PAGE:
Canadian Doctors Successfully Reverse Severe MS Using Stem Cells

40% of patients in the seven-year clinical trial experienced a reversal of symptoms.

Multiple Sclerosis (MS) is a neurodegenerative disease that results in victims slowly losing their ability to speak, walk, and see. For obvious reasons, scientists have been working tirelessly for decades to find a solution to the health illness. And now, it seems potential remedy has been discovered.

According to a new study, published in The Lancet, a combination treatment of both chemotherapy and stem cell therapy may be the solution sought to remedy MS. Over a period of seven years, researchers conducted a clinical trial and witnessed a significant reversal of the effects of aggressive relapsing MS in 24 patients.

The Telegraph reports that the therapy, which is normally reserved for leukemia patients, involves giving patients a medication that forces the stem cells inside their bone marrow to enter the bloodstream. From there, the cells can be harvested, purified, and frozen. Next, the patient’s immune system is completely eradicated with chemo. Then, the patient has their frozen stem cells transplanted back into their bone marrow with the hope of giving them a fresh immune system.

This breakthrough was made when doctors started looking at MS as an autoimmune disease rather than a neurodegenerative one. It took a while for the connection to be made, as with MS, the immune system attacks the protective sheaths that cover nerve fibers through the central nervous system.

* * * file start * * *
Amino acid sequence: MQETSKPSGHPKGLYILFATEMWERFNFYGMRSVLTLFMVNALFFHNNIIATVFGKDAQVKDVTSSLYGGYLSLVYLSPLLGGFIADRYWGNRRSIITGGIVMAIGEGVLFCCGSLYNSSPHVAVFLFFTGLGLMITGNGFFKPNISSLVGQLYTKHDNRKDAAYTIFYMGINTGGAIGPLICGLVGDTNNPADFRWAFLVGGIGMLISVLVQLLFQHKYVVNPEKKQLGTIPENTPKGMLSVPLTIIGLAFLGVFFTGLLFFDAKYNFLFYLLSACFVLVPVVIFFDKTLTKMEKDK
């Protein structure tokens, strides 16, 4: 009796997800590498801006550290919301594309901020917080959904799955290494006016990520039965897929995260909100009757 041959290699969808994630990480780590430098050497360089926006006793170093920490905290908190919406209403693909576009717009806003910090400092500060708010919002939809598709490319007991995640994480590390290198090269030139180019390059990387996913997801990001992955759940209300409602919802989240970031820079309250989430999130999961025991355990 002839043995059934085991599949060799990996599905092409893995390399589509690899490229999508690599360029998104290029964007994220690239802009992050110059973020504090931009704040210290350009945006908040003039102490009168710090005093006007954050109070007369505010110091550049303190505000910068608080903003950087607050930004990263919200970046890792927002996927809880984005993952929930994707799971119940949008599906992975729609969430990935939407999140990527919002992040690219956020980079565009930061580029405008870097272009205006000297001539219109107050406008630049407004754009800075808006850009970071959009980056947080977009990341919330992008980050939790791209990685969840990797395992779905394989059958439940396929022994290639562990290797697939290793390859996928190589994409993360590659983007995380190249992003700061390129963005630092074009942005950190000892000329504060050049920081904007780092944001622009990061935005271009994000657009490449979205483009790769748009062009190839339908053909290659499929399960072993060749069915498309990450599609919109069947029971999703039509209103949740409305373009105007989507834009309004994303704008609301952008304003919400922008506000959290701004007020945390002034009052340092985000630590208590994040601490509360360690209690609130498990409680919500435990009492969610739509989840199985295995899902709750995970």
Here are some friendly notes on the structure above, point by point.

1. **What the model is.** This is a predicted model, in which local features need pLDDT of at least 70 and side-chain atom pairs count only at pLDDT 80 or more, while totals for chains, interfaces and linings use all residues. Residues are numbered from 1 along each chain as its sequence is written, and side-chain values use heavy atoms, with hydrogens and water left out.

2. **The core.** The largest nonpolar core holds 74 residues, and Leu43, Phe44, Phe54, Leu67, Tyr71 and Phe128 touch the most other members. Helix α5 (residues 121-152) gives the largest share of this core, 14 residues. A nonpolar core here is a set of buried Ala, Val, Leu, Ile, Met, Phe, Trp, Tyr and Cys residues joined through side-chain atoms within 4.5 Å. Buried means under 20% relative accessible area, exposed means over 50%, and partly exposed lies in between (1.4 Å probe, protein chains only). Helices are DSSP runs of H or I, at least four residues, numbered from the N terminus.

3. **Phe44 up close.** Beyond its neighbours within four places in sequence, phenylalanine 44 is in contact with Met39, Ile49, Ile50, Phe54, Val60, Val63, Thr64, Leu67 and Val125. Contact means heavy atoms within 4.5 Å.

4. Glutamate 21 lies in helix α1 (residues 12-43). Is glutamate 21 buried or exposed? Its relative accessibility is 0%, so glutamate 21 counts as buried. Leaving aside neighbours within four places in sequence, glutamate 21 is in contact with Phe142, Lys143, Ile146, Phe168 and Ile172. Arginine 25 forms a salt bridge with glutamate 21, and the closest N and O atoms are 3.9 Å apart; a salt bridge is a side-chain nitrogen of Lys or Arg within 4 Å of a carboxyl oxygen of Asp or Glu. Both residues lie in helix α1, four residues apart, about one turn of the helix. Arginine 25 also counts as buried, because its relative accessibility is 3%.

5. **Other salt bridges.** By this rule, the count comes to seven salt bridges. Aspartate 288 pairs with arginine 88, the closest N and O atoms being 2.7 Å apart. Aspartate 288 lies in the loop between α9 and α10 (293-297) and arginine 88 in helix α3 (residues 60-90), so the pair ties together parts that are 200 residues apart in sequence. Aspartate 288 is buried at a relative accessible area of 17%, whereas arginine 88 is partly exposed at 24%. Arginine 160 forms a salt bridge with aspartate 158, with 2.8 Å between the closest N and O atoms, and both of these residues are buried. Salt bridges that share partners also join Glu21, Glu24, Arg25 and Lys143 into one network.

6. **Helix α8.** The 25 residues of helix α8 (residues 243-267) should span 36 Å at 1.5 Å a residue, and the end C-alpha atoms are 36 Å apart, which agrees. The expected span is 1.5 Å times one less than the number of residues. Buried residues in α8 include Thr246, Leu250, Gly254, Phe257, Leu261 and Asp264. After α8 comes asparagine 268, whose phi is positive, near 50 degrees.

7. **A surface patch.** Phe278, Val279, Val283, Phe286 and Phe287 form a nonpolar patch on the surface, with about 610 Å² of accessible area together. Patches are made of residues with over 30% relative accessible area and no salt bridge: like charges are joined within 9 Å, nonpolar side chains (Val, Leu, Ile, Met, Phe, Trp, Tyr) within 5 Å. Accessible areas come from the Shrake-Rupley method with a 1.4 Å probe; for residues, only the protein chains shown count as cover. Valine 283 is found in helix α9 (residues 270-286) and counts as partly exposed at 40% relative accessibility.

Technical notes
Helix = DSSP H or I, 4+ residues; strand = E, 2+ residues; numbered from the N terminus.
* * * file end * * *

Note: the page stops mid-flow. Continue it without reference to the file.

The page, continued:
At the end of the trial, 40% of patients experienced a reversal of symptoms, which included loss of vision and balance and muscle weakness. The most significant outcome of the study, however, may have been the recovery of one patient named Jennifer Molson. The patient, who was diagnosed with MS in 1996, quickly experienced her health deteriorate. In less than five years, she was living in a hospital under 24-hour care and using a cane, walker, and a wheelchair. But after receiving the innovative treatment in 2002, she has made a nearly complete recovery. Today, she lives without any assisted care and has no trouble walking.

One of the researchers, Dr. Mark Freedman, commented on Molson’s progress:

“Jennifer, she freaked me out one day when she came to the clinic wearing high heels. This was a girl who could barely walk.”


Though the disease is listed as ‘incurable’, doctors are now optimistic a ‘cure’ will soon be written into the textbooks. Of course, the innovative approach to remedying MS isn’t without risks. The treatment is incredibly tough on the body – particularly the liver. During the trials, one patient died of liver failure while another required intensive care for liver complications.

Said Dr. Emma Gray, head of clinical trials at the MS Society:


“This treatment does offer hope, but it’s also an aggressive procedure that comes with substantial risks and requires specialist aftercare. If anyone is considering HSCT we’d recommend they speak to their neurologist.”


Source: Atkins HL, Bowman M, Allan D, et al. Immunoablation and autologous haemopoietic stem-cell transplantation for aggressive multiple sclerosis: a multicentre single-group phase 2 trial. The Lancet . 2016